Sure, politicians can save lives by ordering a stay of execution, or allocating funds to hunger-fighting programs, for example. These two stories are a little more direct.
- After graduating from a Catholic high school in California, Jerry Brown left for Santa Clara University, but dropped out after a year to join Sacred Heart Novitiate—the seminary. He wanted to be a priest. Brown was so committed to the sanctity of life that in 1960, the 22-year-old seminarian pleaded with the state’s governor to give a 60-day stay of execution to Caryl Chessman, a death row inmate scheduled to be executed. He wanted time to petition the state’s legislature to ban the death penalty outright. (The governor at the time was Brown’s father, Pat Brown, and the stay was delivered, but the death penalty was not banned in California, or at least it wasn’t until 1972. Three years later, Jerry Brown became California’s governor (and did so again in 2011).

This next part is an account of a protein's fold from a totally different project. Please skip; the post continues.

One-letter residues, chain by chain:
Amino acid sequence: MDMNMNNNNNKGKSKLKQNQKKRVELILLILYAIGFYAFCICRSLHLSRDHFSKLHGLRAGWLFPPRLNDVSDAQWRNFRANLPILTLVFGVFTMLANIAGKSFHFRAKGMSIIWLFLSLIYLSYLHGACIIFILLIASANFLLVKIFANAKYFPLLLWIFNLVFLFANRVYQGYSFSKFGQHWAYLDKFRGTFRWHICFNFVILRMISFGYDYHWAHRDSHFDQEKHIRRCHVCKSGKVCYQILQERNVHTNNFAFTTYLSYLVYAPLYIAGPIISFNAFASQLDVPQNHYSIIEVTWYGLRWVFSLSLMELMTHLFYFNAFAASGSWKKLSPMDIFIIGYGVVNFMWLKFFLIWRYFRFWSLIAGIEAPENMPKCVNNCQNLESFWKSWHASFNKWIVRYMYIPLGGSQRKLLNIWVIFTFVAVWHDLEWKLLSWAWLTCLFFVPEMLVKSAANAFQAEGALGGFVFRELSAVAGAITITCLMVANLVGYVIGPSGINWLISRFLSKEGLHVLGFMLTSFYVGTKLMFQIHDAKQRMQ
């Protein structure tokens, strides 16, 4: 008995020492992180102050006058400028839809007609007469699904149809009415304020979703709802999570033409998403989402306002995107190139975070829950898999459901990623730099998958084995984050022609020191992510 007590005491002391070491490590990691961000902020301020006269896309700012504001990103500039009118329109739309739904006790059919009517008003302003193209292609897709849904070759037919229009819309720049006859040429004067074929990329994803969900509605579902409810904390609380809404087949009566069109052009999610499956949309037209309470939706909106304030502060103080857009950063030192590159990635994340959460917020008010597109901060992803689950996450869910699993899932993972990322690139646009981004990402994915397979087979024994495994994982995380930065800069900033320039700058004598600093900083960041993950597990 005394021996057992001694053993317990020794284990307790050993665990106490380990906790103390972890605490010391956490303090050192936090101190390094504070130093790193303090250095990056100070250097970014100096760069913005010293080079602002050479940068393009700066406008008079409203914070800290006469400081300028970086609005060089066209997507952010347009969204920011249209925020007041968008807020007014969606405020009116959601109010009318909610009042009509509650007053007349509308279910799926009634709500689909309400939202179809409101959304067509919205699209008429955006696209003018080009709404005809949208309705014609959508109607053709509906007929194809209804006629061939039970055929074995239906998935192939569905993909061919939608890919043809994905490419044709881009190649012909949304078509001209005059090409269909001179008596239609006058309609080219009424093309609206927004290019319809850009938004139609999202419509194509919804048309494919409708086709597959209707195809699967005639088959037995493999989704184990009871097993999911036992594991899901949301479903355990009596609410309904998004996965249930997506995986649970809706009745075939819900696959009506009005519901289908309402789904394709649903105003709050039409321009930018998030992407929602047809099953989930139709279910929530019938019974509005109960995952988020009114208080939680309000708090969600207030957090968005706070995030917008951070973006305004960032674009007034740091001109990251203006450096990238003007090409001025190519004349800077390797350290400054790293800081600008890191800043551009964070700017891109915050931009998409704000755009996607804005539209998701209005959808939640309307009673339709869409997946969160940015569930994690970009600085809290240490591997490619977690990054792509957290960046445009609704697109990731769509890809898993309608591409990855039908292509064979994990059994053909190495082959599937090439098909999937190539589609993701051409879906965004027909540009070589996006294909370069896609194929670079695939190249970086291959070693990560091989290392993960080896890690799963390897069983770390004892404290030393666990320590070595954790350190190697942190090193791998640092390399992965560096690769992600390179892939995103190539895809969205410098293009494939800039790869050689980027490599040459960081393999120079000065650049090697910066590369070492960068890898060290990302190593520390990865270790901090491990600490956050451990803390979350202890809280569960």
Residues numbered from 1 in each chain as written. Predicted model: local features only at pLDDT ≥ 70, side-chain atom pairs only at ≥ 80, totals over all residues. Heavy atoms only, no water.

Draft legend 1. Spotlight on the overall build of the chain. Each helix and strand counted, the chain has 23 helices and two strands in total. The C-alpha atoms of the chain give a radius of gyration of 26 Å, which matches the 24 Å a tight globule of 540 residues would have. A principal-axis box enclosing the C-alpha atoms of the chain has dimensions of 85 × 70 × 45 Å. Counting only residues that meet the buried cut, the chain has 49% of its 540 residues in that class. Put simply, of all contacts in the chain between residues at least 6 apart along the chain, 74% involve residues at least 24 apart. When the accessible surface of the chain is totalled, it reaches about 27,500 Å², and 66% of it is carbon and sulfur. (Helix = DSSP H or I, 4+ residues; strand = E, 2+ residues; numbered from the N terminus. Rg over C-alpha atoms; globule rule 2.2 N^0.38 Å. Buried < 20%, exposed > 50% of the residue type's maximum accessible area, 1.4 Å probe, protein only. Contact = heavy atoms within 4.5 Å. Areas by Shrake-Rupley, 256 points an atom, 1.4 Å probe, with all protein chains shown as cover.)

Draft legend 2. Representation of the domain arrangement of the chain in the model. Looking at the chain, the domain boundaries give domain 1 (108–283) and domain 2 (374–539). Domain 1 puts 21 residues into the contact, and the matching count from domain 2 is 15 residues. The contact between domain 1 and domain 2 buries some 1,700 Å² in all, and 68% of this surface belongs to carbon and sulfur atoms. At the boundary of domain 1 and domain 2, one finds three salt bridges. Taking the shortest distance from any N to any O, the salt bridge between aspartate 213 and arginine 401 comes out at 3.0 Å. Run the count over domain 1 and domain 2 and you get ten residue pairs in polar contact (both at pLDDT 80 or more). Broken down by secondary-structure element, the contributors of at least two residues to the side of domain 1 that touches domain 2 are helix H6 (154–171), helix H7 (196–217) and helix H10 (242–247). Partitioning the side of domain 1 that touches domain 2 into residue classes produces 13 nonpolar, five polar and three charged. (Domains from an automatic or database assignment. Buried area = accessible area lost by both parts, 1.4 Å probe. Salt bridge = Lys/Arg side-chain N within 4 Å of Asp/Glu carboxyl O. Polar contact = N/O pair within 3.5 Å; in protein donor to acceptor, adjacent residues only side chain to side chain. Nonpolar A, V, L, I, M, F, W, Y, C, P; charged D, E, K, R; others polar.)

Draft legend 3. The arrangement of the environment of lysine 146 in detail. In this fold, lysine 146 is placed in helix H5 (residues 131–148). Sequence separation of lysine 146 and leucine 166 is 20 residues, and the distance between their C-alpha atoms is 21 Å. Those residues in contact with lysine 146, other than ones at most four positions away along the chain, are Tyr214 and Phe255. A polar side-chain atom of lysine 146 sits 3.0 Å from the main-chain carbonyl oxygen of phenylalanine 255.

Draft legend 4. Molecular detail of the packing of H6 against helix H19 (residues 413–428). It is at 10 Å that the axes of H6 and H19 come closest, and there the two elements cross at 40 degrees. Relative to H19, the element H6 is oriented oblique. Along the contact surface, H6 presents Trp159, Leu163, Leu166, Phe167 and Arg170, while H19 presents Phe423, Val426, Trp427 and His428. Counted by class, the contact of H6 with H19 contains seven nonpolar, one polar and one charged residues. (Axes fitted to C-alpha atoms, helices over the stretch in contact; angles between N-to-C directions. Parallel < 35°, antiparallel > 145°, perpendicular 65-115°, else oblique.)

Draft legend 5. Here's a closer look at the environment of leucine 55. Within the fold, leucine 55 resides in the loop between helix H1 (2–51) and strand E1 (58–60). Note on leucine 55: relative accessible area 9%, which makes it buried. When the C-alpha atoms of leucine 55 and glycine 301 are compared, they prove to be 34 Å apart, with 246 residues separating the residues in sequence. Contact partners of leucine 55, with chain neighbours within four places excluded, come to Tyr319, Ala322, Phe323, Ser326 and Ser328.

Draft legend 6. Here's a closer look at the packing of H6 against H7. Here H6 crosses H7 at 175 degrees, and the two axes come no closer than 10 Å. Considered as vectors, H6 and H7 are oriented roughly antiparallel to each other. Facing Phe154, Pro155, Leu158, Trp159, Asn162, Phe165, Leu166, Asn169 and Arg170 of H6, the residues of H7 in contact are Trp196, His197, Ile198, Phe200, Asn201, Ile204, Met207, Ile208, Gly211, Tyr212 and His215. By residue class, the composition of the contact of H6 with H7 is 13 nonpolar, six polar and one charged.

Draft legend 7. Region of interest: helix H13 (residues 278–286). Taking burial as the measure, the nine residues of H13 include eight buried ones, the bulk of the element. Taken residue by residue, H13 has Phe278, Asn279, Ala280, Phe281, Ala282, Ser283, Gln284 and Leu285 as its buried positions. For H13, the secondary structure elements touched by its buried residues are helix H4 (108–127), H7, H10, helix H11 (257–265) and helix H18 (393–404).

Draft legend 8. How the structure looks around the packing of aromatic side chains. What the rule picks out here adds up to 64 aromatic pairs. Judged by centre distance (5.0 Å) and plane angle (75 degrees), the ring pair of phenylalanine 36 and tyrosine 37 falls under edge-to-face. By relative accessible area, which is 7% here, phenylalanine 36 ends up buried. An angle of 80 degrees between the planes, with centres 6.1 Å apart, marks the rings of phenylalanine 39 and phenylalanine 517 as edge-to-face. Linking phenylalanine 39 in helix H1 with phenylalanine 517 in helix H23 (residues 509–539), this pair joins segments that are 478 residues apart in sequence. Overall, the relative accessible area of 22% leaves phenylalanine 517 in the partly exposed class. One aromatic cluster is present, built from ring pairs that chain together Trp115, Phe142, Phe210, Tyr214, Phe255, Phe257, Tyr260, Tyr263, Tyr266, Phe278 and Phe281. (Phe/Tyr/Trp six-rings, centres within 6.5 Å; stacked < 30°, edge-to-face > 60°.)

- In the 1990s, former doctor John Kitzhaber became the governor of Oregon, where he helped institute a statewide affordable health care plan. But he’s still a doctor at heart, and a hands-on one at that. In early May 2014, Kitzhaber’s motorcade was in downtown Portland when he noticed a woman laying on the ground, with a pedestrian trying to help her. Kitzhaber told his driver to pull over. While an associate called 9-1-1, the governor performed CPR on the unconscious woman. Paramedics soon arrived, and continued reviving the woman, who is expected to make a full recovery.